From the U.S. Constitution to IBM

The 1890 Census, Hermann Hollerith, and the origins of IBM


Historically there have been two forces which have driven the development of the electronic computer. The first was the need for fast and accurate scientific computation. The second was the need for better "data processing" which coincided with the industrial revolution and the rise of government sponsored social programs. This paper is an exploration of one facet of the second force where the rise of IBM can be indirectly traced to the U.S. Constitution and the Crisis of the 1880 Census.

The Census and the U.S. Constitution

The U.S. Constitution mandated a census for the purpose of apportioning members to the House of Representatives.
"The actual enumeration shall be made within three years after the first meeting of the Congress of the United States and within every subsequent term of 10 years, in such manner as they by law direct" (U.S. Constitution - Article 1, Section 2, Paragraph 3)

A census was required so that the proper number of congressional representatives could be elected from each state.

The Crisis of the 1880 Census

During the late 19th century the population of the United States rose dramatically.
     Year      Census Population
     1850        23.191 million
     1860        31.442 million
     1870        38.558 million
     1880        50.198 million  <- 9 years to complete census!
     1890        62.979 million
     1900        76.211 million
Unfortunately, the 1880 Census took 9 years to complete at a cost of 5.8 million dollars! There was concern that the 1890 census would not be completed before the 1900 Census.

Taking the Census required a number of steps, all of them labor intensive.

  1. Raw Data for each household was taken by Census enumerators. This was written down on large sheets of paper called "schedules".
  2. The schedules were sent to Washington where the raw data was manually transferred to "tally sheets" using "slashes" (5 to a box) to mark different categories. There were six major tallies to complete. For example the first broke down the population by sex, race, and birthplace.
  3. Finally the tally sheets were transferred to consolidation sheets whose figures were combined to yield final population totals.
However, the problem was not in the collection of the data; it was with the processing of the data.

Hermann Hollerith (1860 - 1929)

Born in Buffalo N.Y and educated at Columbia University School of Mines (1879) Hermann Hollerith worked on the 1880 Census where he met Dr. John Shaw Billings, head of the division of vital statistics. During a dinner conversation Billings casually suggested to Hollerith the idea of mechanically tabulating Census results using cards with punches on the edges. Hollerith thought he could work the details for such a solution but Billings indicated no interest in pursuing the idea further.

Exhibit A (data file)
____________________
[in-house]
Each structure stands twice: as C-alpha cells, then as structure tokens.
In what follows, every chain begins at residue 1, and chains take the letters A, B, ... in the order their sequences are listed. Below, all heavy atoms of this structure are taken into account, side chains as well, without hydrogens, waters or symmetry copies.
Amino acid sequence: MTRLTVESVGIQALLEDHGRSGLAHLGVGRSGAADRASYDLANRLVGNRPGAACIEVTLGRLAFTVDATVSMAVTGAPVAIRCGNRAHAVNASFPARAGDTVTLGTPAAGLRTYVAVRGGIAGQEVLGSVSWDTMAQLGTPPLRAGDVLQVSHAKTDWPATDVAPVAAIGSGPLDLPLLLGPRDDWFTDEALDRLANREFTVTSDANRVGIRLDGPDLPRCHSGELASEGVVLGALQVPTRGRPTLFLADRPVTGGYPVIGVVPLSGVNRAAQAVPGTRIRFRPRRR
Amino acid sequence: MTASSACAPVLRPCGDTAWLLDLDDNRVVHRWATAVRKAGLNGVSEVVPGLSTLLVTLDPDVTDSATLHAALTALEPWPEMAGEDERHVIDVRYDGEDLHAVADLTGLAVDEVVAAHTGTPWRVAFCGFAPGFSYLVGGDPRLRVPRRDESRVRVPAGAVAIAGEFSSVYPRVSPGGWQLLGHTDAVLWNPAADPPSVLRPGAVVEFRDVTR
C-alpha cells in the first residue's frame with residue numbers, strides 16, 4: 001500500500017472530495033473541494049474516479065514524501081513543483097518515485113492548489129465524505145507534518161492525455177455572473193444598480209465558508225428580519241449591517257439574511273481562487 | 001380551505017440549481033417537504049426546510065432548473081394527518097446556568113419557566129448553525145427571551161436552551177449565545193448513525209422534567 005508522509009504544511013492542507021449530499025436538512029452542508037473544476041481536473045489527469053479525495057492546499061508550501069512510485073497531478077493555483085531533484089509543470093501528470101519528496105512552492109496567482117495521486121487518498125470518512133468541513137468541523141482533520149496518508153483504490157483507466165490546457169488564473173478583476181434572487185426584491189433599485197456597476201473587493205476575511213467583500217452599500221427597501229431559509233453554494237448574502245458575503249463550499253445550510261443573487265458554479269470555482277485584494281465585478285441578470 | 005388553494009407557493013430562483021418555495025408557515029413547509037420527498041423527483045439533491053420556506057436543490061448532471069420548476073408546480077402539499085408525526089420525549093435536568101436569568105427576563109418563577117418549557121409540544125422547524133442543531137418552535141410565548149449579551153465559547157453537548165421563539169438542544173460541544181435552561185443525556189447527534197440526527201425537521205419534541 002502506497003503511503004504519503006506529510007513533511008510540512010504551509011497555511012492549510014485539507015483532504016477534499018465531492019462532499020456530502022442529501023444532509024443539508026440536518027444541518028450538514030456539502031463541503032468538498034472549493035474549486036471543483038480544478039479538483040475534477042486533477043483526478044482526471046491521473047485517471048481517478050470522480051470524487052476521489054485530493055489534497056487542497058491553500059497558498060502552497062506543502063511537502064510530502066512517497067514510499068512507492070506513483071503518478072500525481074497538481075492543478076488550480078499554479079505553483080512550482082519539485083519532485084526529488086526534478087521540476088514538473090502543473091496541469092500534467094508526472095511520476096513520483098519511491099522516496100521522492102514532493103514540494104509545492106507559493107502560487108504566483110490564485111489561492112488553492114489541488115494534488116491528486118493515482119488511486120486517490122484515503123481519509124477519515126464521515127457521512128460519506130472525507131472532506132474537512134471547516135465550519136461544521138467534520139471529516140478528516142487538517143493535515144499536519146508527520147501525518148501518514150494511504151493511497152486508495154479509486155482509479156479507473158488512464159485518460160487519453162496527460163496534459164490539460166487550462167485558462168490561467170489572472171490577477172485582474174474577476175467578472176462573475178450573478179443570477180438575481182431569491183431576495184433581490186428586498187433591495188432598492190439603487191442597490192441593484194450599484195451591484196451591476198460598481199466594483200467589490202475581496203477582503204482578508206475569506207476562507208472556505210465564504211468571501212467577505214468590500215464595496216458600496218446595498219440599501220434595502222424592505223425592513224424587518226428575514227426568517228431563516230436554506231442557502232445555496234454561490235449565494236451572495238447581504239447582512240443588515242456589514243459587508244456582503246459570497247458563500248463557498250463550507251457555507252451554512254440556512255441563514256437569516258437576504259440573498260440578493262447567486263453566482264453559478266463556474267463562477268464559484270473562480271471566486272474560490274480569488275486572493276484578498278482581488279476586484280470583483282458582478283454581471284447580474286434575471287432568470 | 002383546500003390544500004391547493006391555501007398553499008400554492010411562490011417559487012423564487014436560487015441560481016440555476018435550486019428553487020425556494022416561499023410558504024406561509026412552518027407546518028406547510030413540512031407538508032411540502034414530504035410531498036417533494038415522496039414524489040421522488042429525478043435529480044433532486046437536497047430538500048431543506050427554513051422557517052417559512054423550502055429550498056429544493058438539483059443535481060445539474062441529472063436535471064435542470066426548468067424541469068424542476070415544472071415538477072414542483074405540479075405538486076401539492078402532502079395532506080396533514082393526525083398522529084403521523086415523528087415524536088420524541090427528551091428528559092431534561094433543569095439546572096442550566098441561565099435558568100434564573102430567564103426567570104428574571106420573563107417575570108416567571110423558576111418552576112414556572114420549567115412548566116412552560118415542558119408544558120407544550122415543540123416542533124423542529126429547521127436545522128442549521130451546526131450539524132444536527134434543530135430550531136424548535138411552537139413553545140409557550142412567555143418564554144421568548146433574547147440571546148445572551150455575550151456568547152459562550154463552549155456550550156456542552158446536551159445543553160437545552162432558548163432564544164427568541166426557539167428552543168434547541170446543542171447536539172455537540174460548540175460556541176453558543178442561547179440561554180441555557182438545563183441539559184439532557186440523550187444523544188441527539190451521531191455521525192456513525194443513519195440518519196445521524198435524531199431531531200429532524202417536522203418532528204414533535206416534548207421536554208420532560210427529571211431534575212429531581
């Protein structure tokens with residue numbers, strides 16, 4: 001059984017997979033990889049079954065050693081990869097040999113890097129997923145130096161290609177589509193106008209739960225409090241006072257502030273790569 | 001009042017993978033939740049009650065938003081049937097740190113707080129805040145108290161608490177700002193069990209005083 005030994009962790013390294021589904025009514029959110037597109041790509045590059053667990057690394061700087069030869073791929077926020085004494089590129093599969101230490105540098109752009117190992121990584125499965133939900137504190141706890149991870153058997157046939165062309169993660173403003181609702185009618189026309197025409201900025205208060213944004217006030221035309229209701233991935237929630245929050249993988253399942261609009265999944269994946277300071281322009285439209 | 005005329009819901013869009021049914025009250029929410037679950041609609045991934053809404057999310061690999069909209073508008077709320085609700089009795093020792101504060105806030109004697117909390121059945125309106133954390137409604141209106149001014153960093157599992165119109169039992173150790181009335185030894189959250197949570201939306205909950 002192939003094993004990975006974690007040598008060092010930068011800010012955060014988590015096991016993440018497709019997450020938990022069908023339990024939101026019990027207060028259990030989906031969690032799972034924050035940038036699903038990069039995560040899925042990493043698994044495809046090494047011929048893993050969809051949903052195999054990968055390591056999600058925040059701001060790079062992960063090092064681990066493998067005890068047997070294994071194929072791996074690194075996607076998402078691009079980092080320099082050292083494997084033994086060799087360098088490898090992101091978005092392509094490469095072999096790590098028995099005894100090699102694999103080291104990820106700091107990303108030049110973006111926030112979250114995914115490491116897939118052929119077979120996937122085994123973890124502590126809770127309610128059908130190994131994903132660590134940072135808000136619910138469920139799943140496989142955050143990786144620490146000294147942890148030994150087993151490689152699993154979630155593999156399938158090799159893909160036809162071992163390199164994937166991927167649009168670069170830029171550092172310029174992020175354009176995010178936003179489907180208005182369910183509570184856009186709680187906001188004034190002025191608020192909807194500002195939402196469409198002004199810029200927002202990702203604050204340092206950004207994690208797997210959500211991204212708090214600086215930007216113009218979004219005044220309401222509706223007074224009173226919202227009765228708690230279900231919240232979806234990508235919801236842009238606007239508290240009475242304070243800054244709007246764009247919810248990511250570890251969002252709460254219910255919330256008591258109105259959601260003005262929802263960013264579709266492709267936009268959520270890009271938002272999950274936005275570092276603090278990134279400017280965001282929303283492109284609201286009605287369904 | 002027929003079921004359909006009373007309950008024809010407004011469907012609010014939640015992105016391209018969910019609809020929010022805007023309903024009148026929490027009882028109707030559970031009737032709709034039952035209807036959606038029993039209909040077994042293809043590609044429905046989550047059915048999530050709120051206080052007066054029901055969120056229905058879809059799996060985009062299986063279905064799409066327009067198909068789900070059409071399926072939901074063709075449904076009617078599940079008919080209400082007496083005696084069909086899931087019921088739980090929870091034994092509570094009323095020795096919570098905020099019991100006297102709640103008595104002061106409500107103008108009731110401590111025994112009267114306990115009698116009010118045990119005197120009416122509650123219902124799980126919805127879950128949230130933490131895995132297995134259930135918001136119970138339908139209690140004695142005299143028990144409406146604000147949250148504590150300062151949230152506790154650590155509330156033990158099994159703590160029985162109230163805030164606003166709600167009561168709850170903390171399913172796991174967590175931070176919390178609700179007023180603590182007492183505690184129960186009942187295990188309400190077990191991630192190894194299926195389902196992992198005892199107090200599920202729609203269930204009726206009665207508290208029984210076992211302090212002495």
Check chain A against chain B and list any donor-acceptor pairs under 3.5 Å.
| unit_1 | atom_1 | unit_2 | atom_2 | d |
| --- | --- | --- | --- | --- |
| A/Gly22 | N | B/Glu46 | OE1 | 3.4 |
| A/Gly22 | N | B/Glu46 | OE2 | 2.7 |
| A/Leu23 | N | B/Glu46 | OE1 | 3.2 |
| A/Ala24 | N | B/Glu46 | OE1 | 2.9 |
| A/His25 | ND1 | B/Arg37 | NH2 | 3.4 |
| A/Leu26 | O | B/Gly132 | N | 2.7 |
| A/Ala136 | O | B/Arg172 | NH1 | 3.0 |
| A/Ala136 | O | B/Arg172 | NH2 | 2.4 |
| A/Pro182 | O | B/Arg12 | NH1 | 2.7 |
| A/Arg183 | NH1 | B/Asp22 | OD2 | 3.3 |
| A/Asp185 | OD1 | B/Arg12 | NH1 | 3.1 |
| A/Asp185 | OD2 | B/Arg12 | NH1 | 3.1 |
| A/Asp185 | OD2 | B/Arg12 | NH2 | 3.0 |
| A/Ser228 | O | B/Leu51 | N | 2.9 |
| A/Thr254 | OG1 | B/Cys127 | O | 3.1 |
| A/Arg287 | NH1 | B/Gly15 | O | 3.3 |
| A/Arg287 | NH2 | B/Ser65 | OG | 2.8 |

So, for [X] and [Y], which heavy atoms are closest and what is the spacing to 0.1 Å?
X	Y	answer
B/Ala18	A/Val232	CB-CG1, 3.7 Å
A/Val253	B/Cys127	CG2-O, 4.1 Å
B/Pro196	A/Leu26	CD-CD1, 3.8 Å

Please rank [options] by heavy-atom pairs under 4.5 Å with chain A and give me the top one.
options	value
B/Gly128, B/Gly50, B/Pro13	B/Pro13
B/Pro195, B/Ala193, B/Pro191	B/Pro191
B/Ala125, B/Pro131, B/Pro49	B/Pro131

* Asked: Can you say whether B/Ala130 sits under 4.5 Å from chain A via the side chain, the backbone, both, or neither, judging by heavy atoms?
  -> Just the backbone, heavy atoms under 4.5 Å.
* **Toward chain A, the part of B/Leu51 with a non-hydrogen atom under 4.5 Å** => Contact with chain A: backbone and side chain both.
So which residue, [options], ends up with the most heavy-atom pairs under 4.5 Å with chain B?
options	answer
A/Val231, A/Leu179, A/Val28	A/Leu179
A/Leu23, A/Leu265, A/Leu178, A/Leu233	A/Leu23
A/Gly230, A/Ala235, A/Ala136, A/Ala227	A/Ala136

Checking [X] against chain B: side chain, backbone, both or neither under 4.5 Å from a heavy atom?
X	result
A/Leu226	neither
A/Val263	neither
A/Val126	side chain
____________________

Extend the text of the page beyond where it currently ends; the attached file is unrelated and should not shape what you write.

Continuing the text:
Hollerith first worked on an electro-mechanical paper tape device but problems with the design caused him to abandon this approach (1882). He then switched to the idea of using a Punch Card system which used a 3/16 inch hole located in 1/4 inch squares to record information. The presence or absence of a hole would indicate the existence or non-existence of some characteristic or item of data.

Hollerith claimed he got this idea from "punch photograph cards" used by rail road officials. Used to prevent the theft of railroad tickets from passengers, conductors would "record" the physical characteristics of the ticket owner (e.g. eye color, hair color) by punching specially marked areas on the edge of the card. Hollerith used holes punched through the card, not on the edge of the card.

 Hollerith also invented equipment to punch, read, and sort punch cards. Specifically he invented

Hollerith's machines were ready for 1890 Census

Hollerith's Tabulator Machines and the 1890 Census

After first beating out two other systems in a contest arranged by Census bureau, Hollerith rented his tabulator machines to the U.S. Census Bureau for the 1890 Census. Work began in July of 1890 and by August 16, an "unofficial tally" of the United States population was obtained (officially announced in October). Since Census clerks were able to handle between 7000 and 8000 cards per day the greater speed of processing data permitted a more comprehensive census.

In the end, the 1890 Census was completed in 7 years at a cost of 11.5 million dollars. While this might seem like a long time (and it certainly cost more money), it should be noted that a more complete census was actually done. Even in the 1890's there was a temptation to use "technology" to the limit.

Hollerith was paid $750,000 for the rent of his machines

From The Tabulating Machine Company to IBM

Hollerith's company, the Tabulating Machine Company, rented out machines to other customers both government (Austria, Canada, France, Russia) and private (New York Central RR, Marshall Fields, Penn Steel). The company was profitable but due to its policy of renting instead of selling machines, it had cash flow problems. The Tabulating Machine Company merged in 1911 with 3 other companies, International Time Recording Co, Bundy Manufacturing, and Computing Scale of America to become Computing Tabulating Recording Company. In 1924 its name was changed to International Business Machines - IBM.

Information for this Web page was obtained in part from Bit by Bit: An Illustrated History of Computers by Stan Augarten; Tichnor & Fields; 1984. This is an excellent book and well worth reading for more information on the history of computers.

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